the sound the pin makes when it becomes fully seated in the caliper
Reinstall the wear sensor
connector into the bracket. Slide it in and then rotate 90 degrees
until the tab snaps into the keying hole.
NOTE: You may want to
press down on the tab so it clears the bracket as you rotate it into
place. You don't want to shear off the keying pin or break off the
Loop the wire to the pad into the
hook on the bracket. Adjust the slack in the wire to the pad so that it does not
touch the caliper (heat issues?). Connect the wire harness plug (see fig 21).
This completes one side of the
front. Push down on the brake pedal to seat the pads against the rotor.
Check for any brake fluid leaks at the bleed nipple.
Before reinstalling the road wheel, make the following double-checks:-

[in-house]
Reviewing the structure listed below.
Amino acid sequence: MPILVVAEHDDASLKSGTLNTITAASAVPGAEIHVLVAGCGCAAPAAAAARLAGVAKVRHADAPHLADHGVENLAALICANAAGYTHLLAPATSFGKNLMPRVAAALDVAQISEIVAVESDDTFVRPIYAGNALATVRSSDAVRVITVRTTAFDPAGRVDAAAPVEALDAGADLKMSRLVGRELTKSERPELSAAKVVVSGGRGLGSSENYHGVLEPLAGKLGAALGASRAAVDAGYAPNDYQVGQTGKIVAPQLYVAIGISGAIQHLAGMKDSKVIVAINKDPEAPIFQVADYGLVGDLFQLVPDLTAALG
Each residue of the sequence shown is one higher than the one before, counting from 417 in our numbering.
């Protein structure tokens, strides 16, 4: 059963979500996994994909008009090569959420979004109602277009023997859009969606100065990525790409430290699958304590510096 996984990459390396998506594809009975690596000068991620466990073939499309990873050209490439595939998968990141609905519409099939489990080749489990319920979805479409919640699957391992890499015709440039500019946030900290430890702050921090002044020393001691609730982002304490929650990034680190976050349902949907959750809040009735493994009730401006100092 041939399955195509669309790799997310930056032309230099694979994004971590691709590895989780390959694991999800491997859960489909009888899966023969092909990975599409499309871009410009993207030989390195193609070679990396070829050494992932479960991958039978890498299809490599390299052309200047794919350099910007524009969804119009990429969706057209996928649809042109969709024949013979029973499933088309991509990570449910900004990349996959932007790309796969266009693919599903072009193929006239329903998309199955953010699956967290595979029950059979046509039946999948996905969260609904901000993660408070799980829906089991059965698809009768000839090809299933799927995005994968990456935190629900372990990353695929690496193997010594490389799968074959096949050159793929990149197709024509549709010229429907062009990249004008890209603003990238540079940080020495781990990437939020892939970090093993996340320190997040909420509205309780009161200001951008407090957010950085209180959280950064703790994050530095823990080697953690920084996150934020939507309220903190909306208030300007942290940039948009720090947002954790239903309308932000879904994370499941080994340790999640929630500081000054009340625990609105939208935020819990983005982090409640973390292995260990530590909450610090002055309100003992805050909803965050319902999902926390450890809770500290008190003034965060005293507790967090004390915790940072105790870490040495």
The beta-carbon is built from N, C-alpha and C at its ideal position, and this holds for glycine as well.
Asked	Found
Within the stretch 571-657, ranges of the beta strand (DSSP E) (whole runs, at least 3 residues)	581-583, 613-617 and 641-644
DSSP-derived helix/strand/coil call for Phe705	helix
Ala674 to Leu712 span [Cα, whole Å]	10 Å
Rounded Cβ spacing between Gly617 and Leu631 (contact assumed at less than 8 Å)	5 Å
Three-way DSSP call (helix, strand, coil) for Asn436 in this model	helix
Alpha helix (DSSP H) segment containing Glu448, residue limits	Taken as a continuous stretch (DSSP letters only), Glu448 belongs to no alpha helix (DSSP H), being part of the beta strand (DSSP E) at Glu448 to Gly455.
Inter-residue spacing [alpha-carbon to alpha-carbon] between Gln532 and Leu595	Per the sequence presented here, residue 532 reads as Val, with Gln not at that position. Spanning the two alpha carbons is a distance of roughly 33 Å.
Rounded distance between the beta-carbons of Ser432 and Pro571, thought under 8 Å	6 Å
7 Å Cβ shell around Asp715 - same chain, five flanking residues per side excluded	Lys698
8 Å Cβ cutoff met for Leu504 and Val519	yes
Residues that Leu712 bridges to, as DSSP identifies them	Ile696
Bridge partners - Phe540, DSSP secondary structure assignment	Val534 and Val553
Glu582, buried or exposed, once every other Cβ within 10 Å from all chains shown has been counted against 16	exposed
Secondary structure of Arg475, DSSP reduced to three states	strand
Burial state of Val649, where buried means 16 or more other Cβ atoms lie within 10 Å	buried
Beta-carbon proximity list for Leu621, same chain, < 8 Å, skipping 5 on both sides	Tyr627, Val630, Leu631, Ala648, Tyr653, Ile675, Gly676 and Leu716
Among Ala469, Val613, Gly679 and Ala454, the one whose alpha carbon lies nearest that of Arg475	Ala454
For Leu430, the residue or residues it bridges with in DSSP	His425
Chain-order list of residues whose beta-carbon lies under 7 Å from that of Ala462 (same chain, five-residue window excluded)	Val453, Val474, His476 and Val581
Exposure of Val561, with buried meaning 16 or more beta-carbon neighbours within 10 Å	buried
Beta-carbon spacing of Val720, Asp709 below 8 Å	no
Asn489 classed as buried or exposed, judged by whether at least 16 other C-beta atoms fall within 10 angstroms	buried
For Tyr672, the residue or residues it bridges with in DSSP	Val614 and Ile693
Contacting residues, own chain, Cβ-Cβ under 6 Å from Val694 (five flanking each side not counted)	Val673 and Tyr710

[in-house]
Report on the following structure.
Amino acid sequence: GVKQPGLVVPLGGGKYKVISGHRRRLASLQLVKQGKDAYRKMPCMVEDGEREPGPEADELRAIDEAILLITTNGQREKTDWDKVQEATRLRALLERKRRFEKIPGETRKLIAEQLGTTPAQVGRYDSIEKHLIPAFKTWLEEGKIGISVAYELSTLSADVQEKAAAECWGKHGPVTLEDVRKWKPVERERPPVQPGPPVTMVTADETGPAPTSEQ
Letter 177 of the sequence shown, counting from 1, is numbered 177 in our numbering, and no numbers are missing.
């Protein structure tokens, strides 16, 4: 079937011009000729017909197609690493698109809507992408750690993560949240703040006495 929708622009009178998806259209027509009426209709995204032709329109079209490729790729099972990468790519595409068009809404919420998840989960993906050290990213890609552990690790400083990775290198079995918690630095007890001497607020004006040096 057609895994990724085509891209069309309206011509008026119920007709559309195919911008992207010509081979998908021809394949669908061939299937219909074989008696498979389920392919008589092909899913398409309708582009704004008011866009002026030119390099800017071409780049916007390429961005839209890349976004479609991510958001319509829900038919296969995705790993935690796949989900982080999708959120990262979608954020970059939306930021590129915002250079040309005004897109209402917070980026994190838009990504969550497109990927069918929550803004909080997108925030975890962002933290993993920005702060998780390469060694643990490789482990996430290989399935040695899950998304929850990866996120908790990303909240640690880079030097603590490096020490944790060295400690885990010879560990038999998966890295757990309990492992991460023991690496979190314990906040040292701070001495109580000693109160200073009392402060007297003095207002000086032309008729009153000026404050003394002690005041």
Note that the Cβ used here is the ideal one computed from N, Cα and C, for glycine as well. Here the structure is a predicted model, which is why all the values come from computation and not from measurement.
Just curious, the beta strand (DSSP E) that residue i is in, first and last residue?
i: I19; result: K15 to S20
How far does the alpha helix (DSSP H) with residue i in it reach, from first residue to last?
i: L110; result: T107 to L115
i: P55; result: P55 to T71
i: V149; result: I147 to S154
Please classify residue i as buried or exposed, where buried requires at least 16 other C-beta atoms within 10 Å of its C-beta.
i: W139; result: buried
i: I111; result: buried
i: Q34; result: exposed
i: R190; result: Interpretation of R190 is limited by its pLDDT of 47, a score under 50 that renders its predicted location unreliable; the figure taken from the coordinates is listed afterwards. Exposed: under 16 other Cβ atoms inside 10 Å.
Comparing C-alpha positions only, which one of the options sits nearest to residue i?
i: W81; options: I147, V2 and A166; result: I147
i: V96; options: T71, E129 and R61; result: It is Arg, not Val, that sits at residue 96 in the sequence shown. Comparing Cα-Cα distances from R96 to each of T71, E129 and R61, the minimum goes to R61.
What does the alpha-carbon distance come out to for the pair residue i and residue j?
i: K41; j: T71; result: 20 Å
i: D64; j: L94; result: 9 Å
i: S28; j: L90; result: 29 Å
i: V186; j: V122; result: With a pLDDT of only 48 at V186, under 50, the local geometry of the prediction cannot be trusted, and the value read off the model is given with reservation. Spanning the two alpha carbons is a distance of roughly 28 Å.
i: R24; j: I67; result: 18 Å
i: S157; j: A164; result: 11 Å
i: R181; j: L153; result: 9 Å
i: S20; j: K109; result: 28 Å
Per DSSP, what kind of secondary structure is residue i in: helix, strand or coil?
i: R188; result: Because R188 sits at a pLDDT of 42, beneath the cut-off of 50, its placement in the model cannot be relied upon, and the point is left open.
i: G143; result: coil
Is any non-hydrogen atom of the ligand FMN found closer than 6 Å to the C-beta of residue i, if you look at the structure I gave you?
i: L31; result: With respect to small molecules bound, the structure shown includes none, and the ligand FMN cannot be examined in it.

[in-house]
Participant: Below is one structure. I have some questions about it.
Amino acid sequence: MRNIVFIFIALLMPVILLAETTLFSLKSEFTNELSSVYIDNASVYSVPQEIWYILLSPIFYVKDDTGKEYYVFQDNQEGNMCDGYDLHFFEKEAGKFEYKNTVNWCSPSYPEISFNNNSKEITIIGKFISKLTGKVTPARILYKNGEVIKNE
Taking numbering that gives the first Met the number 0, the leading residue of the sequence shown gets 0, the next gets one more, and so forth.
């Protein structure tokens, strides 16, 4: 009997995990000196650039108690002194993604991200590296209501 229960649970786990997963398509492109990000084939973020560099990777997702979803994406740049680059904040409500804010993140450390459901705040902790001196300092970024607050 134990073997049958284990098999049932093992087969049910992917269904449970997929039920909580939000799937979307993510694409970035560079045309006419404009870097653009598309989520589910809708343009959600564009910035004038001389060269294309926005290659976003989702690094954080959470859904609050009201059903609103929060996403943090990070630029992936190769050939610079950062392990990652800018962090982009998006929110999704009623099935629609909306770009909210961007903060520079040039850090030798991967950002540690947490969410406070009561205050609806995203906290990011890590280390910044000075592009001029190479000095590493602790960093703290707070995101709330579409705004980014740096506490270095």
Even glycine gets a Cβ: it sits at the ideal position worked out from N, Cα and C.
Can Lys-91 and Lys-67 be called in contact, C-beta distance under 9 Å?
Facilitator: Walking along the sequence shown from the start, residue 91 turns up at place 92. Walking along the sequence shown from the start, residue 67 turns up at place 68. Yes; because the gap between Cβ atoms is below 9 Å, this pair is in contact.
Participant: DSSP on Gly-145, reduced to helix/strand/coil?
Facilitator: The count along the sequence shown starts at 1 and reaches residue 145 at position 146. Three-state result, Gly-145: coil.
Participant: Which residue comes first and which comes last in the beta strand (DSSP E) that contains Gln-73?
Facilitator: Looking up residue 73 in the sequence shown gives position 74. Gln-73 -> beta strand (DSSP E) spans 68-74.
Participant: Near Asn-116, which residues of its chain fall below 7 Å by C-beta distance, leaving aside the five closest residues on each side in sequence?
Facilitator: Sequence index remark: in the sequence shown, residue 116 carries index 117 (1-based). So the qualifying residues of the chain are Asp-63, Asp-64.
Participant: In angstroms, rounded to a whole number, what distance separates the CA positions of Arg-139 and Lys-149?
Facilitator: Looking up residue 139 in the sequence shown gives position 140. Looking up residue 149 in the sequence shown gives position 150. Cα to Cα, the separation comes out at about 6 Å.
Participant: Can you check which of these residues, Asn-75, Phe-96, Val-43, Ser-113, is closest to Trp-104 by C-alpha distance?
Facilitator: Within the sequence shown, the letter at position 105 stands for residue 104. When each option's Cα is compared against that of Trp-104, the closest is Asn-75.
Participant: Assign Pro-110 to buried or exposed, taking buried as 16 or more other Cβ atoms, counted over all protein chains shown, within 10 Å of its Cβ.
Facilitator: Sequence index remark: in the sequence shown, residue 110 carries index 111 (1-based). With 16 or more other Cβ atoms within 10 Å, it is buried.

a. Wear sensor plug connected.
b. Sensor wire secured into bracket hook, not touching
c. Bleed nipple closed
Repeat this procedure
on the other side.
the rear of the car and remove the road wheels. Locate the wear
sensor connector bracket (fig 22). As done on the front, grasp the
connector with a pair of pliers and rotate 90 degrees, then slide it
out of the bracket (fig 23). Then unplug the connector from the
The retaining pins on the rear brakes are
held in place with cotter pins. Remove both cotter pins with a
needle nosed pliers. Use care not to mar the paint (fig 24).
Then remove one of the pins by tapping it out with a punch as for
the front pads. Attach the bleed tube to the outboard bleed nipple
and as before for the front brakes open the bleed nipple.
pads away from the rotor, using the notch in the pads. Then insert the